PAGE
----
Yes, I know it is a weird title, but burning shitters has stuck in my mind for well over 40 years now. In Vietnam outhouses were not built above a hole dug in the ground. Actually, there was one half of a 55 gallon drum under the toilet seat, and every few days, some poor private would have to pull that drum out the back of the outhouse and pour a good amount of diesel fuel in it and light it on fire.
The first time I flew into a LZ on a chopper, we could smell those burning drums from several hundred feet up in the air. The thing that bugs me is that I think of these “outhouses” still 40 years later.
Oh, I think of other things, too. Dead bodies, body bags, dead kids, dead vegetation, some of the guys I served with, the inside of one of our bunkers, the inside of a bunker I jumped into during a rocket attack, the cold showers, c-rations, my rifle, and all sorts of other things.
I can see these things in my mind better than some of the things that happened last year or even last month. Your war does not end with your discharge. It seems that every day something from my time in the Nam will pop into my head. Sometimes even dumb jokes, which are still dumb, but probably the best I can hope for as far as memories go.
When I’m at the VA, I have asked other vets if vivid memories still haunt them, and one of them remembered a tear in their pant leg, when and how it happened, and they wonder why that picture sticks with them. Some guys can describe the day they were shot or their friend was killed like it happened a few hours ago, because they relive it over and over again.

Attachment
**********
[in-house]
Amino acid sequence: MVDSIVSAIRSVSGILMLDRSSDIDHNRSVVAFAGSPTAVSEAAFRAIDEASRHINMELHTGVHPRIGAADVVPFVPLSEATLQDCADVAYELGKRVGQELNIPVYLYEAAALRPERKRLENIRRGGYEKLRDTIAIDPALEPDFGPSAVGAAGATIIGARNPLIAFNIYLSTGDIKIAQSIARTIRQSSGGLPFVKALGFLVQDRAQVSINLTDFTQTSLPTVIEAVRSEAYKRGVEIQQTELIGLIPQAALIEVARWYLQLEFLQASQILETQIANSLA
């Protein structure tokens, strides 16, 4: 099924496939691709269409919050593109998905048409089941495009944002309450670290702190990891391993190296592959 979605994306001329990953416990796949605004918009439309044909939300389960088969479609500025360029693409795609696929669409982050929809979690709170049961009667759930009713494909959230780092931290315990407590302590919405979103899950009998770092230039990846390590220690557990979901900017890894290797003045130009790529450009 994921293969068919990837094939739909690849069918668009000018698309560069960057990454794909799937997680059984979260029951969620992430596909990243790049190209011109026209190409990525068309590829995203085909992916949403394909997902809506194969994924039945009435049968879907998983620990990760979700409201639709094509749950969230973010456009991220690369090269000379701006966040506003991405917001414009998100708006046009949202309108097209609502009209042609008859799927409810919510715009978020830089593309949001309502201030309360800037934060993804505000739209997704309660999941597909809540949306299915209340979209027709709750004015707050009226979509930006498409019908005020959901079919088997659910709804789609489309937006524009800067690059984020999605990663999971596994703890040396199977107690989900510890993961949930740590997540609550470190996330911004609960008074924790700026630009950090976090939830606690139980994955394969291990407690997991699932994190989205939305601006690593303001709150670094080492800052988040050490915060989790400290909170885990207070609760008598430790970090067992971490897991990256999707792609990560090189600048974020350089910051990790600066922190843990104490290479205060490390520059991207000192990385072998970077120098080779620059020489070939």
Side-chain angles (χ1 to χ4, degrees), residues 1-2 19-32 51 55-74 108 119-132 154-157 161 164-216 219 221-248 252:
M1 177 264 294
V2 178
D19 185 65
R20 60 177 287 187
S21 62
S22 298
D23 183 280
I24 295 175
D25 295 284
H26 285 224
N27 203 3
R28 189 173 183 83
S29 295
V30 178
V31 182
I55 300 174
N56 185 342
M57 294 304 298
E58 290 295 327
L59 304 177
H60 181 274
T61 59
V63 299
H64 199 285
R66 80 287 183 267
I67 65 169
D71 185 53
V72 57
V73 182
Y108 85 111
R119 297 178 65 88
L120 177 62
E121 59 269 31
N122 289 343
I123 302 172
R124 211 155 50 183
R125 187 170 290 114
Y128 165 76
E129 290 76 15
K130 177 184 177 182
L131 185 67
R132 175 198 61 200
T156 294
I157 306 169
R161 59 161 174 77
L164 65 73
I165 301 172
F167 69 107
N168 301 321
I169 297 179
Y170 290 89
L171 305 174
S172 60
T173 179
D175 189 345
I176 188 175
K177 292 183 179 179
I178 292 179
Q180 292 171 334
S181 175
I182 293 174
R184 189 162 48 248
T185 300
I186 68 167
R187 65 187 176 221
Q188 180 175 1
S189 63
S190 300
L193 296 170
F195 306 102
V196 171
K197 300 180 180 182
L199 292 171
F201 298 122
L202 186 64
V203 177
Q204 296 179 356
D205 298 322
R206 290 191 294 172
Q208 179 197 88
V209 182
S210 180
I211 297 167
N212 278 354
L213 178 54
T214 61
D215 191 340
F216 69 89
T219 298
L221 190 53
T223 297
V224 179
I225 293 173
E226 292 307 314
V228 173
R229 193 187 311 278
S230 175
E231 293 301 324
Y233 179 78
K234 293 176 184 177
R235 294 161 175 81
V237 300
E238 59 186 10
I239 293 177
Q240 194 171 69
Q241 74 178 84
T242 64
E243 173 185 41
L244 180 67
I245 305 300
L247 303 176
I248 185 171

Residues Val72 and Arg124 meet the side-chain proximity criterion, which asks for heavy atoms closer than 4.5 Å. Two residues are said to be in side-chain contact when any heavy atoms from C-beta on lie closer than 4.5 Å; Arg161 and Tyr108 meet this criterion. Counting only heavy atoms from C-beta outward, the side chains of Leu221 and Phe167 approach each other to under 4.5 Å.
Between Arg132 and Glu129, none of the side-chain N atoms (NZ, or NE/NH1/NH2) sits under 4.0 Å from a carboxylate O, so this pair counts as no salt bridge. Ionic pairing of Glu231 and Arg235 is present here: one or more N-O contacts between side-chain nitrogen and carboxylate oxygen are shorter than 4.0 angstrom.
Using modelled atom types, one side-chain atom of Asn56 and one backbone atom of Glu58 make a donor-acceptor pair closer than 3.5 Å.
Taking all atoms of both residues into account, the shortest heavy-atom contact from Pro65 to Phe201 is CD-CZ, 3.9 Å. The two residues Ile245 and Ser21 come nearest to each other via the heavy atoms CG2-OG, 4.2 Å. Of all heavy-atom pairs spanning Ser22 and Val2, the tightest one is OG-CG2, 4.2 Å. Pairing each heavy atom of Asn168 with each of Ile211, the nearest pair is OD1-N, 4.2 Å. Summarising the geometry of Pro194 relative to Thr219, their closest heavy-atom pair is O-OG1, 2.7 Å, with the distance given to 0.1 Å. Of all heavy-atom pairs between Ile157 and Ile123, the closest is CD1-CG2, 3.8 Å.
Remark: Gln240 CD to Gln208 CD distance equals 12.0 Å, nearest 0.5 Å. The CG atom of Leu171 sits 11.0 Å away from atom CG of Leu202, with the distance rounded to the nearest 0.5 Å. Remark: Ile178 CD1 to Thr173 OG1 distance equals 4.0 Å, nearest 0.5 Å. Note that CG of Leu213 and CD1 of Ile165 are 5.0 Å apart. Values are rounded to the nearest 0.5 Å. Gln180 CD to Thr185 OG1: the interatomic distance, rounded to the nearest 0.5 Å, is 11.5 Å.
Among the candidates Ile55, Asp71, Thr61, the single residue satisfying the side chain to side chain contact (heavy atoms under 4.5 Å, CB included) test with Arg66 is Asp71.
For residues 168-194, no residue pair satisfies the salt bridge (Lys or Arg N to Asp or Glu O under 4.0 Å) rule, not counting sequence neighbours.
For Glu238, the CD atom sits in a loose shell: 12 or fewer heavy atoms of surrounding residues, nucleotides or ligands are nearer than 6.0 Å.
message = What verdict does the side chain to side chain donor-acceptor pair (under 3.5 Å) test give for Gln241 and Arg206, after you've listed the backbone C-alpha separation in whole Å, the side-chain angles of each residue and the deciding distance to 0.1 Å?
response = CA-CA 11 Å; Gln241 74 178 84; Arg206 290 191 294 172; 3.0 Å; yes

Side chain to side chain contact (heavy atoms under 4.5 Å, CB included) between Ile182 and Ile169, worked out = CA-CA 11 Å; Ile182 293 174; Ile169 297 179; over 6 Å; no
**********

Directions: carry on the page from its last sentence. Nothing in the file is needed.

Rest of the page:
Some days I know something bad is going to pop into my head. It is almost like my mind is getting me ready for the little vignette it is about to present to me. I have tried to stop it from coming by hard work or loud music or even talking to someone else, but it is there waiting, and if it doesn’t get me during the day, I know it will when I lay down to sleep, no matter how tired I make myself.
Some vets tell me that drugs and alcohol will stop memories for a while, but then they also tell me how long they have been out of rehab or that they are headed in. I know the VA was giving out Thorazine for PTSD, and when I would go to a group meeting the guys taking it were spaced out bad. Many were doing Thorazine under a doctor’s advice and riding their motorcycles to and from the meetings. I always waited until they were down the road a ways before I started out.
“And that is all I have to say about that.” — Forest Gump
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